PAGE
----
Precision Rifles are just my cup of tea, and watching the technology around them progress over the years has been exciting. While they are still relevant, and in many cases beautiful, traditional and wooden rifle stocks are being overtaken by modern chassis systems.
A chassis system essentially serves the same purpose as a rifle stock, but the difference between them is quite stark. Stocks are generally made of wood or a synthetic material like glass filled nylon. Rifle chassis are almost uniformly manufactured from non-organic materials, such as aluminum, plastics, and more and more often from cutting edge composites like carbon fiber. Today we will be looking at the Graham Brother Rifleworks MARC Sport rifle chassis for the Remington 700.
Rifle chassis bring modularity, customizable options, and other modern conveniences to the user’s rifle. As well as providing one of the most important foundations for precise shooting, a rigid and firm structure from which successive shots can be launched with meticulous control. Naturally, modular rifles like the AR-15have been gleaned over, and some of their best features have been merged into precision rifle chassis.
The Graham Brothers MARC Sport Chassis
And that brings us to the current subject, the Yankee Hill Machine MARC Sport Rifle Chassis is one of the latest to join my fold. Yankee Hill has long manufactured AR-15’s and their components, so it seemed a natural progression to build the similar parts of a precision rifle chassis.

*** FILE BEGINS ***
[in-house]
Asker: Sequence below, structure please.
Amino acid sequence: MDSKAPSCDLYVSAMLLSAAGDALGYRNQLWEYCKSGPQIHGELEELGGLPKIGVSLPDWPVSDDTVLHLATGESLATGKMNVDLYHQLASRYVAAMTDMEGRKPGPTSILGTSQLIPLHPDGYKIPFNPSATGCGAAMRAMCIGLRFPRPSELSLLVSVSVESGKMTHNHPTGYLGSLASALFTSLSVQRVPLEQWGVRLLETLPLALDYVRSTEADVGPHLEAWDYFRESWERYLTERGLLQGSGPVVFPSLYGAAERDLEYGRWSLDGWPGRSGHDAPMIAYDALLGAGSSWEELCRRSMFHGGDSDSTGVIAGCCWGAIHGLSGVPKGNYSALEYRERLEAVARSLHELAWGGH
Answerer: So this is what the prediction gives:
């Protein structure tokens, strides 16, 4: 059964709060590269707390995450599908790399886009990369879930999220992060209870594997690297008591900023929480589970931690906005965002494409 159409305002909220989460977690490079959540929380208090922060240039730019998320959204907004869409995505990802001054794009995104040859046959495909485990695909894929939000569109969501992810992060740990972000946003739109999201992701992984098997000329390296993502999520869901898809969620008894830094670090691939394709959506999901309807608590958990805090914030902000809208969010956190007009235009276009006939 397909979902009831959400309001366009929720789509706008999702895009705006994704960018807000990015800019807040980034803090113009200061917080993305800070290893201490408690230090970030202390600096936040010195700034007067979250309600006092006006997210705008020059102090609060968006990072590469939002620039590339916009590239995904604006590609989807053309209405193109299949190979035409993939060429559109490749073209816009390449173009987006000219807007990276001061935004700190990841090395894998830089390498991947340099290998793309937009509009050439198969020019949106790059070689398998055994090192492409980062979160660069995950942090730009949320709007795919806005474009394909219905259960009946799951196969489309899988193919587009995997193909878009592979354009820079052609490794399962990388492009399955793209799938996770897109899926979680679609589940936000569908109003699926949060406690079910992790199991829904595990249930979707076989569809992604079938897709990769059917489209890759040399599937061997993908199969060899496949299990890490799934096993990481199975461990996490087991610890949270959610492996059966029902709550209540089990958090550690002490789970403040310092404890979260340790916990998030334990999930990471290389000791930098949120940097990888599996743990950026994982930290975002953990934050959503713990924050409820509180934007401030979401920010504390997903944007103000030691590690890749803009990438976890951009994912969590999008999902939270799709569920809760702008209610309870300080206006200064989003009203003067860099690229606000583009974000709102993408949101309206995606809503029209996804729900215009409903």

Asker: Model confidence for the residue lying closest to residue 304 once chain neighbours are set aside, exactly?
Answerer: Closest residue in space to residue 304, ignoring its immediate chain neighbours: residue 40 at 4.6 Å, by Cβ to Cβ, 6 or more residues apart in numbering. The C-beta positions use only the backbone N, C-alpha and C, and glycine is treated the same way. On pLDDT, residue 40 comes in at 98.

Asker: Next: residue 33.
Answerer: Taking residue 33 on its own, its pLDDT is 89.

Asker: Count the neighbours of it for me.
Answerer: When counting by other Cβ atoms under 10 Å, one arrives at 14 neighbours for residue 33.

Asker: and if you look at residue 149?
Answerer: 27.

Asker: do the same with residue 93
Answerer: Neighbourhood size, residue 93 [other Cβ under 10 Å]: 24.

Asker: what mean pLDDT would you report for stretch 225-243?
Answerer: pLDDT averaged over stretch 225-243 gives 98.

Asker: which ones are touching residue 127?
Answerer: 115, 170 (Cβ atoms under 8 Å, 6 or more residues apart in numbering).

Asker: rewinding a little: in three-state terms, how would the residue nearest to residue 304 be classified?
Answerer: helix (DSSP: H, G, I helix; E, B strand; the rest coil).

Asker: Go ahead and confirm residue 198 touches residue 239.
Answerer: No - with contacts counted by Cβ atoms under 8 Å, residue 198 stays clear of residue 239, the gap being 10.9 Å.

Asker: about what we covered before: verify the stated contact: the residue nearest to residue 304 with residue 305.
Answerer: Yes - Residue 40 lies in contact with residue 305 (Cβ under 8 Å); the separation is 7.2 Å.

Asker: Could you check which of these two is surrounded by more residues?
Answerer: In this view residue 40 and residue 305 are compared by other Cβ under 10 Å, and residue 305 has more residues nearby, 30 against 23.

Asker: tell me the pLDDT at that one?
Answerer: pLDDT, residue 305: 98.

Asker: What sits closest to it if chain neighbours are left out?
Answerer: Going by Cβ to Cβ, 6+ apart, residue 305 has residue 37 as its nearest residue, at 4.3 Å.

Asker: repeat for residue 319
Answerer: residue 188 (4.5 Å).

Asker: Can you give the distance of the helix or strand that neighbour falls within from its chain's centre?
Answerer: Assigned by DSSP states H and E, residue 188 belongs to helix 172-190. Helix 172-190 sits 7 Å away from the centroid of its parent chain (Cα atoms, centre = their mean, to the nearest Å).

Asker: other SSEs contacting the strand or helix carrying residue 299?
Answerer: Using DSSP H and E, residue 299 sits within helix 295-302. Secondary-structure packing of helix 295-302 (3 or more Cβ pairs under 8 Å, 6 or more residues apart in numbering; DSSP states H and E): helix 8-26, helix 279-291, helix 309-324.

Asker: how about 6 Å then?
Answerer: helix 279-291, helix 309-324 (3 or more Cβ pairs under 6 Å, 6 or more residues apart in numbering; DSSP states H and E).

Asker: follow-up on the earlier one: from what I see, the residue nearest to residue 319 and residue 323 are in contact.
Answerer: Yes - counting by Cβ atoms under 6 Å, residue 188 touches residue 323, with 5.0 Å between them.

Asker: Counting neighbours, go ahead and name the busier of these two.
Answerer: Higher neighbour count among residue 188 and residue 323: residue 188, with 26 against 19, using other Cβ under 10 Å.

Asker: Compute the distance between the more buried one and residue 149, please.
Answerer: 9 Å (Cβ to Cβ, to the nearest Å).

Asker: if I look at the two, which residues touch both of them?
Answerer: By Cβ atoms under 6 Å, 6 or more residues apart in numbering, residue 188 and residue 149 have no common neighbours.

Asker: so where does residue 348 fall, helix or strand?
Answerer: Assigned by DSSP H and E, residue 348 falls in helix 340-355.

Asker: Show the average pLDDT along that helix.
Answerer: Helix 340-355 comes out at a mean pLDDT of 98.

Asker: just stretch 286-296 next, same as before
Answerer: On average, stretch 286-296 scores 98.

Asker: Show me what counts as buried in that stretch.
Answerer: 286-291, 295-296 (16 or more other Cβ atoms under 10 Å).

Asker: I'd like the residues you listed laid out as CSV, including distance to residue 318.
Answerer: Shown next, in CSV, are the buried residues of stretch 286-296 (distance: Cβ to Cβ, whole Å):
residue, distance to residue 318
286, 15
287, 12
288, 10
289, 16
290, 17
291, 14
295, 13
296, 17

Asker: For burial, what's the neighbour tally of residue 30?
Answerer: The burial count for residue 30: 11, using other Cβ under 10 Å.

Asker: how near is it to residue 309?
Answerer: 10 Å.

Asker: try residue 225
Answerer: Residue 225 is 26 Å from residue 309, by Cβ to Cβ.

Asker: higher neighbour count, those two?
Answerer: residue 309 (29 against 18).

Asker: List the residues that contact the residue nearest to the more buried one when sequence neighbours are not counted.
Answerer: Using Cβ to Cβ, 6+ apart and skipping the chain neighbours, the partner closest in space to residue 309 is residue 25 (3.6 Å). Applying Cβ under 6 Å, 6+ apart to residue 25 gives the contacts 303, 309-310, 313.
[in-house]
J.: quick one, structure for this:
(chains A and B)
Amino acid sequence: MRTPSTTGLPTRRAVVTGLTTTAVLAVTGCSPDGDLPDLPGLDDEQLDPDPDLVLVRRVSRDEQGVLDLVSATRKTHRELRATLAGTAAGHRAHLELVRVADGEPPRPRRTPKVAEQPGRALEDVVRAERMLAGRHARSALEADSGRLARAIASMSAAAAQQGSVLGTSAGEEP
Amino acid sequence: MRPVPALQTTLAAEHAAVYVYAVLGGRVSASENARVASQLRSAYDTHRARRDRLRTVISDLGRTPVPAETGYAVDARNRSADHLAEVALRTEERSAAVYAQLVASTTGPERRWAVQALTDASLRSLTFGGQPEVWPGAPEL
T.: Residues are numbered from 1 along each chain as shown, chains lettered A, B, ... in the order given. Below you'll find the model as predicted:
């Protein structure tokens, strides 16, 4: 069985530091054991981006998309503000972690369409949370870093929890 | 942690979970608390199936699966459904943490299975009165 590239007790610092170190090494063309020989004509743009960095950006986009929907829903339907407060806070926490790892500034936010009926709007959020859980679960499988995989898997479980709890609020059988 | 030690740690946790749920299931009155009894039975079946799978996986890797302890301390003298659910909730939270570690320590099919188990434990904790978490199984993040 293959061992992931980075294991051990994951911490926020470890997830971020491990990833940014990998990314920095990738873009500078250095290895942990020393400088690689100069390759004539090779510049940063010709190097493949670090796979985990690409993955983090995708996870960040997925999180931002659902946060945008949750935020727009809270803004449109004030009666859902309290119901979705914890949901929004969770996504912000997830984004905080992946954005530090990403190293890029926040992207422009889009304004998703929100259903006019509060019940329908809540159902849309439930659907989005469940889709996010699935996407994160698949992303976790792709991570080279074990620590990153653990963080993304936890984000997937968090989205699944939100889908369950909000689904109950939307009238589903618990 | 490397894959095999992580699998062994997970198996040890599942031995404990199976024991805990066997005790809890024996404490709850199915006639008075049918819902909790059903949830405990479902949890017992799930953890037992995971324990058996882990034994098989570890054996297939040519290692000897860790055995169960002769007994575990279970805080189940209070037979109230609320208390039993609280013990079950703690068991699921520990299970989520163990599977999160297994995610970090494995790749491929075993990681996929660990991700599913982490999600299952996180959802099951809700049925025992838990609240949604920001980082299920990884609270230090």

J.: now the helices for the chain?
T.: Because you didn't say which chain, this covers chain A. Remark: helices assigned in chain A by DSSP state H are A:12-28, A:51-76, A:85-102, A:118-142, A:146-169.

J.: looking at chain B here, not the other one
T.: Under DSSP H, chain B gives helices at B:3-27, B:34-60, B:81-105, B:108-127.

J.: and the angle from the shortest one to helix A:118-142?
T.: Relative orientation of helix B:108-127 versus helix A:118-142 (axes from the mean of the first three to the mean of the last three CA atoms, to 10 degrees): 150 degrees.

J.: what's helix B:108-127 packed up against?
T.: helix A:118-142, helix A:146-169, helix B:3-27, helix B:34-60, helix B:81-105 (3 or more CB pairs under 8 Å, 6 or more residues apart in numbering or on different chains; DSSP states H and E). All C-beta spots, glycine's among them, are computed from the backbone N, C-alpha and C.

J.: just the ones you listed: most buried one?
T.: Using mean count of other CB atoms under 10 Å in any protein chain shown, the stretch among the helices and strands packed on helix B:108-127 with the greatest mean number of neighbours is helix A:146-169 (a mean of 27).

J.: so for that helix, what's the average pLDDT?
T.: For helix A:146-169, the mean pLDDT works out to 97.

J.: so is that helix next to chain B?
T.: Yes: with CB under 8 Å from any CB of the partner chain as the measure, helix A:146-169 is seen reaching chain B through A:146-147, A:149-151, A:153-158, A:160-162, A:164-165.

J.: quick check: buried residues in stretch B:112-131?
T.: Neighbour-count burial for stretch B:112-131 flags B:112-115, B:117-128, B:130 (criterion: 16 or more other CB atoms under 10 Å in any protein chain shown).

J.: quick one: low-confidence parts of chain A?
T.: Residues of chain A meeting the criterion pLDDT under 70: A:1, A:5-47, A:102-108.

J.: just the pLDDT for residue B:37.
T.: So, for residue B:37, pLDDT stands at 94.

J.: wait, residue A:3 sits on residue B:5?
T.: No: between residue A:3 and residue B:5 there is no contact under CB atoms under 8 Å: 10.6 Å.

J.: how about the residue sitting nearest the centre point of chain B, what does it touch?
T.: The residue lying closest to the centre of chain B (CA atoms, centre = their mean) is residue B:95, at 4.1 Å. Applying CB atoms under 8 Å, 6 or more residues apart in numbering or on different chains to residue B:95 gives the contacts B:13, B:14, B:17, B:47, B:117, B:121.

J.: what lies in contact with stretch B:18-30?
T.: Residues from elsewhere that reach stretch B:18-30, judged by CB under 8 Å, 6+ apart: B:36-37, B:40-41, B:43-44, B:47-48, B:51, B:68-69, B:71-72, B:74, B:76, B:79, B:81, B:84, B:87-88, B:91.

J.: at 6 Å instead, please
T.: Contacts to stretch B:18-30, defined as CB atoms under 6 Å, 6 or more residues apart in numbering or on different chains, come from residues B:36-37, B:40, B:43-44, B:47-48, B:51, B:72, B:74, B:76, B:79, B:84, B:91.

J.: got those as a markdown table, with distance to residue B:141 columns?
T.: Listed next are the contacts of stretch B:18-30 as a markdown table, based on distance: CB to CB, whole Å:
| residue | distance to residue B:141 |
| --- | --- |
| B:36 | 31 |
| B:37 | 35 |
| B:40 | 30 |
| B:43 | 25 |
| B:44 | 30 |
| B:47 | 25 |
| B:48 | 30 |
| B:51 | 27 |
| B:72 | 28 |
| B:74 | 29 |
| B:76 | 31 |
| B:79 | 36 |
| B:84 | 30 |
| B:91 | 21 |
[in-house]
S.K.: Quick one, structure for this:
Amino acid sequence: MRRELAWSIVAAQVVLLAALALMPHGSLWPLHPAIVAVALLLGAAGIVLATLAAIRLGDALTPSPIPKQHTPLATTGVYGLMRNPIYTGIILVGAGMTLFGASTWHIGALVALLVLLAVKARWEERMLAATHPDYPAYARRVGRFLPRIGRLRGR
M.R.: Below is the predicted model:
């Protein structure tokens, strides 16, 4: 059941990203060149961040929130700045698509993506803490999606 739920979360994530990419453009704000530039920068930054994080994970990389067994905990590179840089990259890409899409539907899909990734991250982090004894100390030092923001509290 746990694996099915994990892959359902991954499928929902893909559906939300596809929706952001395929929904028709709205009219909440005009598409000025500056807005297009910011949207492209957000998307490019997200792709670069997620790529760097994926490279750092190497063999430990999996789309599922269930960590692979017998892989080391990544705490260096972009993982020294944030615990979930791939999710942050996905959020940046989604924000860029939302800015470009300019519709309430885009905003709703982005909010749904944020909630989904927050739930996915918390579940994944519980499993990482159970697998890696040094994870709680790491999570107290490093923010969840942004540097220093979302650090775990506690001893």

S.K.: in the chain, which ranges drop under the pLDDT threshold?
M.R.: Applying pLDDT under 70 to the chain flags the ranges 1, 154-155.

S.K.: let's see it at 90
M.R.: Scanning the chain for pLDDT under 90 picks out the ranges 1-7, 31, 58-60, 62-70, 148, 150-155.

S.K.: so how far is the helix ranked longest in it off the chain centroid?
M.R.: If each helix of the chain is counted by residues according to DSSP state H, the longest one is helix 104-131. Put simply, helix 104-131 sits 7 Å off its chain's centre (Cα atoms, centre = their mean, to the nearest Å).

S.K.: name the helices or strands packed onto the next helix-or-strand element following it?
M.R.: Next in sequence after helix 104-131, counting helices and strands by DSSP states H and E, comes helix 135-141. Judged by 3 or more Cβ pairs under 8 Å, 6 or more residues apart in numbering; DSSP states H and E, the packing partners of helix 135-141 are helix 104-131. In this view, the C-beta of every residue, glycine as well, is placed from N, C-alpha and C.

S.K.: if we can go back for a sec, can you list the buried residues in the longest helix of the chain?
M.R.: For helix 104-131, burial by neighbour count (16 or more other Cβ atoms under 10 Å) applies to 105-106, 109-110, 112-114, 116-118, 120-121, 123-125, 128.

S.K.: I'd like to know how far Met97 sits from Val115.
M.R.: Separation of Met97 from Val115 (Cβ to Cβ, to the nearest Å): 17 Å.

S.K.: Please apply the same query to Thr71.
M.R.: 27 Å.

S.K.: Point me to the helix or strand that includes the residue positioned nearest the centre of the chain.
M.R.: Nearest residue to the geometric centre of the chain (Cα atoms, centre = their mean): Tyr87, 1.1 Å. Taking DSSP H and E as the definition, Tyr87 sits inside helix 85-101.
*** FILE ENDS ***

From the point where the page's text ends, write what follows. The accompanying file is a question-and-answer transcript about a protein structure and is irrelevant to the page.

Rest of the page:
YHM has a new division specifically geared towards the precision rifle market, suitably named Graham Brothers Rifleworks, I look forward to see what else they bring to the shooting bench.
The Remington Model 700 has long enjoyed a position as the one to use for custom rifle builds. As such, most rifle chassis are built to accept the 700’s footprint and its many clones, the MARC Sport is no different. Other footprints such as Savage Long and Short actions are also available as well. And I wouldn’t expect it to end there, surely others like Howa, Tikka, and other popular models will follow.
The MARC Sport comes as just the heart of the chassis, it uses an AR-15 style buffer tube in the back. The simple reasoning behind this is that you can easily attach any buttstock made for the AR-15 family of rifles. The modular design allows the end user to configure the chassis to their liking, an ownership feature that many gun enthusiasts are quick to take advantage of. The chassis also uses AR-15 patterned pistol grips, so you can pick and choose from the bountiful variety of grips to fit your hand and shooting needs.